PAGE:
Wednesday, June 10, 2009

Hens With Jobs

Here is a picture of the front of the chicken yard. About 10 or 15 years ago I planted some hops to grow over this fence to keep the area cool and hide the chicken wire fence and top. Now the hops grow so thick in the summer the chickens can't see out except for in places I pull the hops away. You can see one little window I've cleared. Each year the plants can grow as much as 15 feet to cover the chicken wire that is over the top of the yard. This works great because in the winter the hops die back to the ground and the chickens get the warm sun.
I really dislike keeping the chickens in a coop. They should be out scratching and picking around the yard. My three little silkies are loose in the yard but I never get any eggs because the Magpie birds we have in the neighborhood eat them all before I have a chance to collect them. In order to get eggs from our new hens they most be confined to the coop. So, like the saying goes, if you can't bring Mohammad to the mountain you bring the mountain to Mohammad.
This week I started a new layer of "stuff" from the barn. I'm almost always cleaning the straw, hay, and sheep poo out of the sheep's side of the barn. So it goes to the chickens to give them something to scratch and pick threw. If it's kept moist it starts to break down.

With all the rain lately the last bunch of stuff I put in here was ready to be cleaned out. Can you believe in a two week period we've had over two inches of rain at our place, and the Reno area gets 7 inches of rain per year on a good year!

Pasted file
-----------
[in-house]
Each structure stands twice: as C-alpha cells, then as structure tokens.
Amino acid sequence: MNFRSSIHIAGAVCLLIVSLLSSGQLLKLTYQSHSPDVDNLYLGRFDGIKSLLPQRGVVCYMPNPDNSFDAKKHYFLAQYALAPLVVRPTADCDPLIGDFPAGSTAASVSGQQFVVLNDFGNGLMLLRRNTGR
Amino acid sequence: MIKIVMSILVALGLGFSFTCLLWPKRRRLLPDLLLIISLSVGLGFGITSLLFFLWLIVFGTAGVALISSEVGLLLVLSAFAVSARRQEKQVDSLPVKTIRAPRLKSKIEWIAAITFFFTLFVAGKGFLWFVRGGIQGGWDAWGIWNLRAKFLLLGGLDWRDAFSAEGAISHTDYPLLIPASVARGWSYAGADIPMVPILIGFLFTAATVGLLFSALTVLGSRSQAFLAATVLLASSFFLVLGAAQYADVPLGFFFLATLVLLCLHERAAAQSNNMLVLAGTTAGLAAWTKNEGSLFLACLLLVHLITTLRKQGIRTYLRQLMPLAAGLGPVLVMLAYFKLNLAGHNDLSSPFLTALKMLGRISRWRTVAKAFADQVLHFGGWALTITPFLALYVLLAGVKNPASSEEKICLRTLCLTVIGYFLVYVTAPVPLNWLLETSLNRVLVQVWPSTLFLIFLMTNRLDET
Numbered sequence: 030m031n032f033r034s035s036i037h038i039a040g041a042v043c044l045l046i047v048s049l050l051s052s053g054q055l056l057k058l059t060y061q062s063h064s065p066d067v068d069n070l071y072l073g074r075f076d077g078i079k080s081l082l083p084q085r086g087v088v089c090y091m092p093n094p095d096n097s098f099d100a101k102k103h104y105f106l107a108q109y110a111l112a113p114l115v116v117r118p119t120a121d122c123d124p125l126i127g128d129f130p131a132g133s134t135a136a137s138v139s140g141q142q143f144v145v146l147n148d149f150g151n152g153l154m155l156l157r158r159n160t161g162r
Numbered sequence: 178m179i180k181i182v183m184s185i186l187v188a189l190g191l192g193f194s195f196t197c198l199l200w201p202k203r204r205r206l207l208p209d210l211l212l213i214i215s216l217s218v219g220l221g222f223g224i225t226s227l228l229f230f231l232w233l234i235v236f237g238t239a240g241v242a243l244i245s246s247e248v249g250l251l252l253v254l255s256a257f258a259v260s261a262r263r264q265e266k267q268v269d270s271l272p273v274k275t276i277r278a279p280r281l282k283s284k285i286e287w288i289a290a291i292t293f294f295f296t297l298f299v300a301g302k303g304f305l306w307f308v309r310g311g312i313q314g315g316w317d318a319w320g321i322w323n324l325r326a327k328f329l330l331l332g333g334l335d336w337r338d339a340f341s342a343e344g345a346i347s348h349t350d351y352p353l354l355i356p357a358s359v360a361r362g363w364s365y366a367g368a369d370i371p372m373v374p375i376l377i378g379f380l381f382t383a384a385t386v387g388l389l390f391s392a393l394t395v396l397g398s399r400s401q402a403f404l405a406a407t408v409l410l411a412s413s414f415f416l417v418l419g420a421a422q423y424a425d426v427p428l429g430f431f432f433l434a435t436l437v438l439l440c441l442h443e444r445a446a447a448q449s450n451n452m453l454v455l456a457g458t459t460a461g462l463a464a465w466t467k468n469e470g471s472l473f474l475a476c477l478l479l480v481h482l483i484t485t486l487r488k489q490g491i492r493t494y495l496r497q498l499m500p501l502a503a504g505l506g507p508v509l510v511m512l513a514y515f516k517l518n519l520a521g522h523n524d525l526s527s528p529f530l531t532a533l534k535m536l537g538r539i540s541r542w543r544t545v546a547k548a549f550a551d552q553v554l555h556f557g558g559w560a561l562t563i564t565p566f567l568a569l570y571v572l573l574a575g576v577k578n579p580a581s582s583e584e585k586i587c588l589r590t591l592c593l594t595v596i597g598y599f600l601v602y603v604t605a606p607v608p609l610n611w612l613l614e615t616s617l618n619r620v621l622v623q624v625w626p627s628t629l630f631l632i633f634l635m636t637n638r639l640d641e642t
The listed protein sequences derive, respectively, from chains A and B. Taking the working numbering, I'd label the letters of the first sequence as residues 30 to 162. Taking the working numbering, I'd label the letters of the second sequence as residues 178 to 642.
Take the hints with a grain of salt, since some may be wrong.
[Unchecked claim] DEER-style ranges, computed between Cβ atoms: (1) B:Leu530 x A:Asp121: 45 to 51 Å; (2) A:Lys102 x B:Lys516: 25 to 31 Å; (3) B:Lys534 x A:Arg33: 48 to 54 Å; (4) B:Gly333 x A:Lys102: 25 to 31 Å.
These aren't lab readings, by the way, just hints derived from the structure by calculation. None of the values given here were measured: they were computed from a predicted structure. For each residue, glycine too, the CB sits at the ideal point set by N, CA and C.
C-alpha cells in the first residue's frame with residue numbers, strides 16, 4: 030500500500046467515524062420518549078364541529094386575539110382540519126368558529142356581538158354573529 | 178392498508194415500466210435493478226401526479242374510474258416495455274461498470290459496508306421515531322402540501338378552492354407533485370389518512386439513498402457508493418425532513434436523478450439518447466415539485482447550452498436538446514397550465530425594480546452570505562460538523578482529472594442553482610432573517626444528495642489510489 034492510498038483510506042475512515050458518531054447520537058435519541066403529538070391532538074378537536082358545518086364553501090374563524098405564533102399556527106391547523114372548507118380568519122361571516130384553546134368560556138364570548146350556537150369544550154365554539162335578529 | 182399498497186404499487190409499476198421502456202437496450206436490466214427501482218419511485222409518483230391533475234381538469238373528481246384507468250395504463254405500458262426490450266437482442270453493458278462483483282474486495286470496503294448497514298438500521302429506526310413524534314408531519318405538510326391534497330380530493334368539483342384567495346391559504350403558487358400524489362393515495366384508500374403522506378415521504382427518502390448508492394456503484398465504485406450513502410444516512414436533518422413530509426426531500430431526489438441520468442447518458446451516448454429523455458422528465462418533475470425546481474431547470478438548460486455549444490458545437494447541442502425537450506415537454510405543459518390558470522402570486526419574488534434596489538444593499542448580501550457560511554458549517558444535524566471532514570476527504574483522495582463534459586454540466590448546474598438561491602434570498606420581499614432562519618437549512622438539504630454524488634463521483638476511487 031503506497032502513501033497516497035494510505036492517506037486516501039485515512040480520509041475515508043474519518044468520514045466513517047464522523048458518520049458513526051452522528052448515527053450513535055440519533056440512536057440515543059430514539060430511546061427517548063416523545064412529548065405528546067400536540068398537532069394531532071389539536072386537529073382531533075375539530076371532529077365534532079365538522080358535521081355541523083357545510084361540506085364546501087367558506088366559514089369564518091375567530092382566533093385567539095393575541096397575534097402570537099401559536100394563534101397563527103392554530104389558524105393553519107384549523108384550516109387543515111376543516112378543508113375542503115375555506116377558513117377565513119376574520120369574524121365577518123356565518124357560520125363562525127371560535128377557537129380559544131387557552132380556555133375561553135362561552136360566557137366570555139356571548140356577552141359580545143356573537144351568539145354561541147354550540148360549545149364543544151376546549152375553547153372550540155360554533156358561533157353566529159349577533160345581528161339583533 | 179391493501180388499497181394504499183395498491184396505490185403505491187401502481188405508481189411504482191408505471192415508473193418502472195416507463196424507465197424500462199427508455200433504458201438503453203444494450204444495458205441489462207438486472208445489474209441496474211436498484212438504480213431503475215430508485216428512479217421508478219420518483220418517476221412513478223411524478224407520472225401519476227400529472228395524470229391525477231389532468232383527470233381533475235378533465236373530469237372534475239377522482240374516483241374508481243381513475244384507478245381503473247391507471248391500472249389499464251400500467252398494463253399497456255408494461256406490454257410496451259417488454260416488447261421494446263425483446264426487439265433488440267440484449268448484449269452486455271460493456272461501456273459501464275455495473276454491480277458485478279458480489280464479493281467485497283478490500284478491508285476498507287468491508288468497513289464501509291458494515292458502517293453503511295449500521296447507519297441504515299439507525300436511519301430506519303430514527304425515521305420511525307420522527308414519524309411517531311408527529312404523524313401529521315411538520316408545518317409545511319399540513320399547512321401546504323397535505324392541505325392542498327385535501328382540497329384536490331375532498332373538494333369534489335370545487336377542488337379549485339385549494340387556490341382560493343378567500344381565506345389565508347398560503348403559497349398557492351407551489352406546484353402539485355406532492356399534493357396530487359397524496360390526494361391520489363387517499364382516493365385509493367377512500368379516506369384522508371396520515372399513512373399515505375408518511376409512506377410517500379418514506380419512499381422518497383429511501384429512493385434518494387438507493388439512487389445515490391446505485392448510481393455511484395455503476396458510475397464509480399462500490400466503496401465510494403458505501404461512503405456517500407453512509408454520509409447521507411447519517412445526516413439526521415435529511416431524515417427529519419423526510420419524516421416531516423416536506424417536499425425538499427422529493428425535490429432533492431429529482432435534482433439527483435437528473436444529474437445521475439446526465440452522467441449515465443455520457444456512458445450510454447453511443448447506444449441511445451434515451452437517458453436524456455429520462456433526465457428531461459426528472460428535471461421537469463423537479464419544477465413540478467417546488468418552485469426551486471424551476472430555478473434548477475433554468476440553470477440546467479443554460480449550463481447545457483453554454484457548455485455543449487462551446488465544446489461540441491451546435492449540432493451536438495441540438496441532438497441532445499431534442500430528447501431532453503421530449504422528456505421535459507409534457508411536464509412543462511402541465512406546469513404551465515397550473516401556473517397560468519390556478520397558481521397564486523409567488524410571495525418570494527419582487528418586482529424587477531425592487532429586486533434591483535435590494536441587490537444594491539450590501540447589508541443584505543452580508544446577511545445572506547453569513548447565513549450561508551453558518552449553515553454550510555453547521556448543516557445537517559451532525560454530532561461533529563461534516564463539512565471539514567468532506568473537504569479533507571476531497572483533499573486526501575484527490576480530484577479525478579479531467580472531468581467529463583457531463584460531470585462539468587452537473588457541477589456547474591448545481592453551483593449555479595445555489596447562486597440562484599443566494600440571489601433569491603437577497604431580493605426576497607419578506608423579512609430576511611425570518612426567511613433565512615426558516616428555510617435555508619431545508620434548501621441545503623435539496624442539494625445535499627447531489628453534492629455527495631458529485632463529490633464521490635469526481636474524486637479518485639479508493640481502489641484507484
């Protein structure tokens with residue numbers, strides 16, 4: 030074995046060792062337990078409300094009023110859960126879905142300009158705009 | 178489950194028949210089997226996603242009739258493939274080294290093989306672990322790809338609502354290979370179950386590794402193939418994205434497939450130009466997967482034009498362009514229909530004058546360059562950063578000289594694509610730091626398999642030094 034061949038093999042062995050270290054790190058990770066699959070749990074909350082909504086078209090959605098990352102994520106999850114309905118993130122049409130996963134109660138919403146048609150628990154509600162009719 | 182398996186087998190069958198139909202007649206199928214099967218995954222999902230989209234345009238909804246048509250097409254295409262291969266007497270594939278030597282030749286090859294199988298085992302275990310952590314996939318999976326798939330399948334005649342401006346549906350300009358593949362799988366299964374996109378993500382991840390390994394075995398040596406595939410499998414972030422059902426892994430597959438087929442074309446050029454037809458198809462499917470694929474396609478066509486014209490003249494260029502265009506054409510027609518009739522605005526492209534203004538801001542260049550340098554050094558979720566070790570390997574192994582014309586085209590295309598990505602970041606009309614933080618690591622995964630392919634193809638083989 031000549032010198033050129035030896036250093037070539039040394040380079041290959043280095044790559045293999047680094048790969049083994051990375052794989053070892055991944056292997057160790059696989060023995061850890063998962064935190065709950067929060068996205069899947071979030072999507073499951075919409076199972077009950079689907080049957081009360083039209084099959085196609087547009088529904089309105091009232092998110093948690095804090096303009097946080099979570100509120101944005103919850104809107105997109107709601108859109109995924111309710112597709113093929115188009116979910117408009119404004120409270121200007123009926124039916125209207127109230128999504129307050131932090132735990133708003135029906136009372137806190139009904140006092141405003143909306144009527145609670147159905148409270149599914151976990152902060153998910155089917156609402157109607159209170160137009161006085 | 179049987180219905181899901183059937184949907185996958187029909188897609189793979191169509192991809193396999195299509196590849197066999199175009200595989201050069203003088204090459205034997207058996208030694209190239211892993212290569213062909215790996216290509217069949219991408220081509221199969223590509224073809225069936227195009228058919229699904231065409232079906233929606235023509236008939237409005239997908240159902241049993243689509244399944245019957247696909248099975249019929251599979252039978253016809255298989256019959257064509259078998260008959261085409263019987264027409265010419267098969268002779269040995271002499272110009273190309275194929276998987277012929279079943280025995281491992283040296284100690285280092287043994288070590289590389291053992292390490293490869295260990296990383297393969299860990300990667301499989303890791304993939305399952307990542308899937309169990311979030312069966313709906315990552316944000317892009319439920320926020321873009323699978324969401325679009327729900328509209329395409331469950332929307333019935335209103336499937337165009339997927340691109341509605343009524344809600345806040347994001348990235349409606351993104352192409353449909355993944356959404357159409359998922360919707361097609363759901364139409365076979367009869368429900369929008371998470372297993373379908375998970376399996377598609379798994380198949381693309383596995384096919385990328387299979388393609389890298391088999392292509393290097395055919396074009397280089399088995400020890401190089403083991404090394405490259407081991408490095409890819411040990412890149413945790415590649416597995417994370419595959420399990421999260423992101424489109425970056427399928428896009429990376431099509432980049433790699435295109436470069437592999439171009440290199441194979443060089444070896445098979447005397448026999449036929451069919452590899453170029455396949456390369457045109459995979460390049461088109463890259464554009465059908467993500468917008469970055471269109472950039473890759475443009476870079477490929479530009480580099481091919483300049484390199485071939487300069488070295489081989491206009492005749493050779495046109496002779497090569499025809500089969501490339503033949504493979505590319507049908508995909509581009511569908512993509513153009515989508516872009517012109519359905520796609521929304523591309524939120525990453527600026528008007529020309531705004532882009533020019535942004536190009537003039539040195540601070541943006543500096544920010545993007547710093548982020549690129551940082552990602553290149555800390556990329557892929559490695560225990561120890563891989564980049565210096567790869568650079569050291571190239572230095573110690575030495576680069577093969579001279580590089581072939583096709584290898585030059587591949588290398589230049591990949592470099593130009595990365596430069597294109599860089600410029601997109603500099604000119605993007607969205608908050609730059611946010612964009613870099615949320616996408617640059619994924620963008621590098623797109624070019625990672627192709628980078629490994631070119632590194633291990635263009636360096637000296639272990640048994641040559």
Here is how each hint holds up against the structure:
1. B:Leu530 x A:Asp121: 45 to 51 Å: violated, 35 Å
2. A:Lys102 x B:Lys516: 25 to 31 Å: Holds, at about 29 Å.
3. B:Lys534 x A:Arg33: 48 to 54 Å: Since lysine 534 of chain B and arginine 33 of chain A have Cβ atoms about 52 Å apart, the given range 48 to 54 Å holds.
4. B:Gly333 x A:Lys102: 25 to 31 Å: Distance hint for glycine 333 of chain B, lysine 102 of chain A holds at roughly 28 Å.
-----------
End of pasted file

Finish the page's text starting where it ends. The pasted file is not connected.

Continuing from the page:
The hens have been using their roto-tilling skills to break the organic matter to a fine texture. With the big rains if I dig in the soil the chickens have a new project of finding earth worms and keeping their numbers under control.

At the feed store last week I found a few more pullet chicks that were looking for a home. Sort of left overs, poor gals. There are two Rhode Island Reds, one Buff Orpington and a Wyandotte. There was no place to put them until I discovered an old rabbit cage works great. Scrap hay from around the hay bales on the bottom a bowl for food and a bowl of dirt from the yard so they can hone their scratching skills before they are turned in with the others. By the end of the day the hay and poo have fallen threw the wire bottom and you just start over.

For all the work the chickens have been doing I am blessed with a pile of beautiful compost for our flowers! Not exatly the easy way to get compost but the hens and I are happier about chickens living in a coop.


Sharon said...

The chickens look happy. You've made a really nice yard for them. Are you selling eggs now?

Carolyn said...

I had no idea hops grew that fast and climb. Great idea. I wonder if my sister might try that.

Laura said...

I need some hops too! I love that they grow that fast and die back - perfect solar management.

I'm in the (thought) process of expanding my coop, but don't know yet where I'm going to put it. Now that I have a 40 x 60 garden space, I want the chickens next to it.

Your chickens look very happy!!

Leigh said...

Wow, I realized that hops were a fast growing vine, but I didn't know they would do that! As it is, I'm battling kudzu.

Rhode Island Reds and Buff Orpingtons are definitely on my "to-get" list. Of course, they're after the chicken wire, feeders, waterers, nest boxes, etc. Fortunately I already have a place for the coop!

~~Sittin.n.Spinnin said...

I love your arrangment, wish the shed Im planning on using for the chickens was closer to the sheep! That is a very good idea!

Michelle at Boulderneigh said...

What a great arrangement; the perfect "green" solution!

Bob Macey said...

Love your blog you have such a good variety of things!

We have a farm near Reno in Northern CA check us out if you need some Hay.